Home of the world’s record musky, which was caught by Louie Spray in 1940s (it weighed 69 pounds and 11 ounces), and dubbed as a "Musky Factory" (because of the amount of good-sized muskies being caught here) by the 1993 Muskie Magazine (which is the official publication of Muskies, Inc.), the Big Chip caters to everyone: anglers, canoeists, campers, and natural enthusiasts. Concerning me, I have rented a cabin here at Clements’ resort (when it was in business) and I have fished here. The scenery is gorgeous.
Lake Chippewa Flowage is Wisconsin’s third largest lake. It was created 75 years ago, when the gates of the Winter Dam were closed. It is fed by the waters of nine natural rivers and has 11 natural lakes. The flowage possesses 15,000 acres of water, 140 islands, and over 200 miles of undeveloped shoreline. There is a wide diversity of animals and fish that are present here. If you take a boat ride, you will be witness to loons, herons, bald eagles, deer, and bears, and there are also muskies, walleyes, cappies, large-mouth and small-mouth bass, jumbo perch, and panfish in these waters.
And people who are winter enthusiasts can take joyrides along the 500 miles of groomed snowmobile trails that crisscross the Chippewa Flowage.
It is the Big Chip’s scenery, undeveloped wild character, serene atmosphere, and great fishing that tourists like about this region. I, myself, have my favorite resorts located here. One was Clements, but it is no longer in business due to it being sold and torn down (and supposedly a new one will take its place). However, another favorite resort of mine, in which I dined at several times in the past, is called Herman’s Landing. You pay a little more for a cabin rental (for four people in the cottage, it is $570 weekly in the summer) here, but you have a lot of amenities, which includes the restaurant. I remember that I would leave my resort to come here for breakfast. I would order the ham, egg, and hash brown platter, and it was the best home-cooked meal I had ever eaten besides my mom’s. The ham they gave you back then was a huge, a thick slice that could easily feed two people. Besides having a great restaurant, this resort is stunning.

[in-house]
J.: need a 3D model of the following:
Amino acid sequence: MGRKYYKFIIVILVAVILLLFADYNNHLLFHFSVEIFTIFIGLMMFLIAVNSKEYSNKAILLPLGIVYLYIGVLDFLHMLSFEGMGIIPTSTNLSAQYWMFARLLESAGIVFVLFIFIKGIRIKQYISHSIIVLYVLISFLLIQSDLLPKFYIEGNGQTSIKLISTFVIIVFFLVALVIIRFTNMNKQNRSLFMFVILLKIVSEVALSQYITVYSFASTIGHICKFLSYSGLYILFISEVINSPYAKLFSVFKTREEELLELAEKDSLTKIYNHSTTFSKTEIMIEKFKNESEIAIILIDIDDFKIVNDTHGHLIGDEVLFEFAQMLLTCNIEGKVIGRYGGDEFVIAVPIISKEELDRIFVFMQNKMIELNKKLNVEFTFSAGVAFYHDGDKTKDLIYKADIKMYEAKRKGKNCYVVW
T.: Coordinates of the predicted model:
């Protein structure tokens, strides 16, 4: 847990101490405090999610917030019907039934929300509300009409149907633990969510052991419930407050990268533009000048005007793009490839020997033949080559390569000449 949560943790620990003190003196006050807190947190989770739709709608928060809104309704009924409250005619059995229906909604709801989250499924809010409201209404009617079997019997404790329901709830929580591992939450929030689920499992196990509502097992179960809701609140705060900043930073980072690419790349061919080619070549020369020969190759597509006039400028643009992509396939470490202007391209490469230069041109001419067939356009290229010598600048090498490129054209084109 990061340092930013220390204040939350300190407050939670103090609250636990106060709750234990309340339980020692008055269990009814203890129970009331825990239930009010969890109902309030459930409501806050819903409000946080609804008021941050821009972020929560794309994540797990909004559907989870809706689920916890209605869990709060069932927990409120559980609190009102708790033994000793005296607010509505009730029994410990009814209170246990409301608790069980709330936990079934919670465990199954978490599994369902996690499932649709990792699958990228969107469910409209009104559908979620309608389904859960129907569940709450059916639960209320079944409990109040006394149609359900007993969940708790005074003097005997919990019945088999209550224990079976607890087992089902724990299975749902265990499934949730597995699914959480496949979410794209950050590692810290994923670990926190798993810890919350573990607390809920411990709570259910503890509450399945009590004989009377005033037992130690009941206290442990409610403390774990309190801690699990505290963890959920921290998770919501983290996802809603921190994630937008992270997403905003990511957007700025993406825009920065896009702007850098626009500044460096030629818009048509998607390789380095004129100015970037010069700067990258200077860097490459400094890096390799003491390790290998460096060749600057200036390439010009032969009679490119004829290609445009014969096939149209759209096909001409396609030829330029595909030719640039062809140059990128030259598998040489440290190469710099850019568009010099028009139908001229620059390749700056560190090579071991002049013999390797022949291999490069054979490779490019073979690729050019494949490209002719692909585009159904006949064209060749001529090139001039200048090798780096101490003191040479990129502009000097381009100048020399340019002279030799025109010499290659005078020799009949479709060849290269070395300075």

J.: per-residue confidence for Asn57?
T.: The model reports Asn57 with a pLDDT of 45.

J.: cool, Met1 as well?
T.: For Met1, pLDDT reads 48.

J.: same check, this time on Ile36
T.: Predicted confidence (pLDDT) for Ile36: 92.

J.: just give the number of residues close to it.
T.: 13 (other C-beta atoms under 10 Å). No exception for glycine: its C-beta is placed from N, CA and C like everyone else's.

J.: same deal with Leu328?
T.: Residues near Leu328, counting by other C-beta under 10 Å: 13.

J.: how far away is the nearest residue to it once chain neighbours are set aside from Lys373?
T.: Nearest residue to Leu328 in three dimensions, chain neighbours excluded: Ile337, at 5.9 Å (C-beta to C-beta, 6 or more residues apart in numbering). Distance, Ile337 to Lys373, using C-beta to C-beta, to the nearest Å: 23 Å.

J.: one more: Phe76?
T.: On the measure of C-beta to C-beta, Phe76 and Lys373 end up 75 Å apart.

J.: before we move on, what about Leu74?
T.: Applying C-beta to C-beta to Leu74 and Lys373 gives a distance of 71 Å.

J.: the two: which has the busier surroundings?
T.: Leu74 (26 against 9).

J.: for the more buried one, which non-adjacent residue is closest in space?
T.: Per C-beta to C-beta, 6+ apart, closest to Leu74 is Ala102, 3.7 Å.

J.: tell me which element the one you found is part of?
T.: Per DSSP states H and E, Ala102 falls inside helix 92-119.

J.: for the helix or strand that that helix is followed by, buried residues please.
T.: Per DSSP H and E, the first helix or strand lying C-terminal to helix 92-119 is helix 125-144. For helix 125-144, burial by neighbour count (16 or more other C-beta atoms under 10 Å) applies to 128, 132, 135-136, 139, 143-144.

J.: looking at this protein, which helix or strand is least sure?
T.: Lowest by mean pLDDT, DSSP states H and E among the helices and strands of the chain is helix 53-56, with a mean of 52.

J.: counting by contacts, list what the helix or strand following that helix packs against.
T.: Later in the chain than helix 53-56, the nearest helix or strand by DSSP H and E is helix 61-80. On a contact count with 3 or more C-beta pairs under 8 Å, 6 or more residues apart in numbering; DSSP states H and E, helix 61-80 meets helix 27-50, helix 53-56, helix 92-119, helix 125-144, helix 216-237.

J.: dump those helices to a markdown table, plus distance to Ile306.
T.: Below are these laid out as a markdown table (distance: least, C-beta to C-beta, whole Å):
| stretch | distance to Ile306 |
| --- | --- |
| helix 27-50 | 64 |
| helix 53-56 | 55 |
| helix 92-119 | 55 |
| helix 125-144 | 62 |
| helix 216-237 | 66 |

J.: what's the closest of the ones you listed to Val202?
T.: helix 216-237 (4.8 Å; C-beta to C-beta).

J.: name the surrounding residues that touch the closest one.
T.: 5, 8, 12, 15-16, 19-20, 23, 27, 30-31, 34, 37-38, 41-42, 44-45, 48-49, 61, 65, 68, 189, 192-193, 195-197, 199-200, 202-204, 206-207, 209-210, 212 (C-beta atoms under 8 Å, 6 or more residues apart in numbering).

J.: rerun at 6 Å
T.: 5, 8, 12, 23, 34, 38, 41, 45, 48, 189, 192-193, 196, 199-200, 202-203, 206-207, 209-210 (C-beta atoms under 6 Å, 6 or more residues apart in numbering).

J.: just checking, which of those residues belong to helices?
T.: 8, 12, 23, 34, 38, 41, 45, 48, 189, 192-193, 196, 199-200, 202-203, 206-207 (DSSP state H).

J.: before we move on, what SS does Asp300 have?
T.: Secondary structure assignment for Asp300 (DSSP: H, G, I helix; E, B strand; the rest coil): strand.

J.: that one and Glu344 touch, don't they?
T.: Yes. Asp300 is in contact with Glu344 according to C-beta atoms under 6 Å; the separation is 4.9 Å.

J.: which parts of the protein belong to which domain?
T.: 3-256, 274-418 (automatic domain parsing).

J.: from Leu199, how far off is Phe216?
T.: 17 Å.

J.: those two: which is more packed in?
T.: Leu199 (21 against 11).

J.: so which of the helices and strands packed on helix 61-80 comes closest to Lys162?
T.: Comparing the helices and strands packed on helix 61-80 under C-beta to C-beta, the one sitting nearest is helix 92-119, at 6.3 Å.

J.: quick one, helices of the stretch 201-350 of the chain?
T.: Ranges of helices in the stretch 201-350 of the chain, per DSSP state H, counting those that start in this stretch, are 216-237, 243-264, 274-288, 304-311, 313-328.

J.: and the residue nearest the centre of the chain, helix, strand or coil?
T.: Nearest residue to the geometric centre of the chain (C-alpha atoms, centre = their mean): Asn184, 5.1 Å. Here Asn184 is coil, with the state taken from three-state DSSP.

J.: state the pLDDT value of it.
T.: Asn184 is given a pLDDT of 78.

For you campers, camping on the Big Chip is allowed at no charge on a first-come, first-served basis at 16 island sites accessible by water only. You can only camp at existing campsites, which are designated on a map (probably get through the DNR there). Thus, you can’t make your own campsites. You have your choice of having a rustic campsite to full hook-up facilities that are available at private facilities on the flowage. However, if you utilize the state sites, you have to follow various rules, such as limiting your camping to 10 days on the flowage, being considerate of other campers by keeping noise to a minimum and leaving the campsite clean.
For you boaters, you need to exercise a lot of caution when operating your boat in the Big Chip. This is due to the fact that it has stumps, logs, floating bogs, and rock bars. In addition, you must operate your boat to Wisconsin’s boating regulations, which includes operating the boat at a "speed that is no greater than reasonable or prudent."
The four DNR-administered boat landings have boarding docks to ease access for everyone, which includes people with disabilities.
If you are interested in making reservations at Herman’s Landing, the address is 8255 N. County Rd., Hayward, Wisconsin, 54843-7690, and the phone number is 715/462-3626. And, if you are coming from the north, I have the following directions: Take State Road 53 South to Highway 63 North and follow it to Hayward. Turn south on Highway 27 in Hayward. Take Highway B East for 15 minutes to Highway CC, then follow CC South for 5 miles to Herman’s Landing.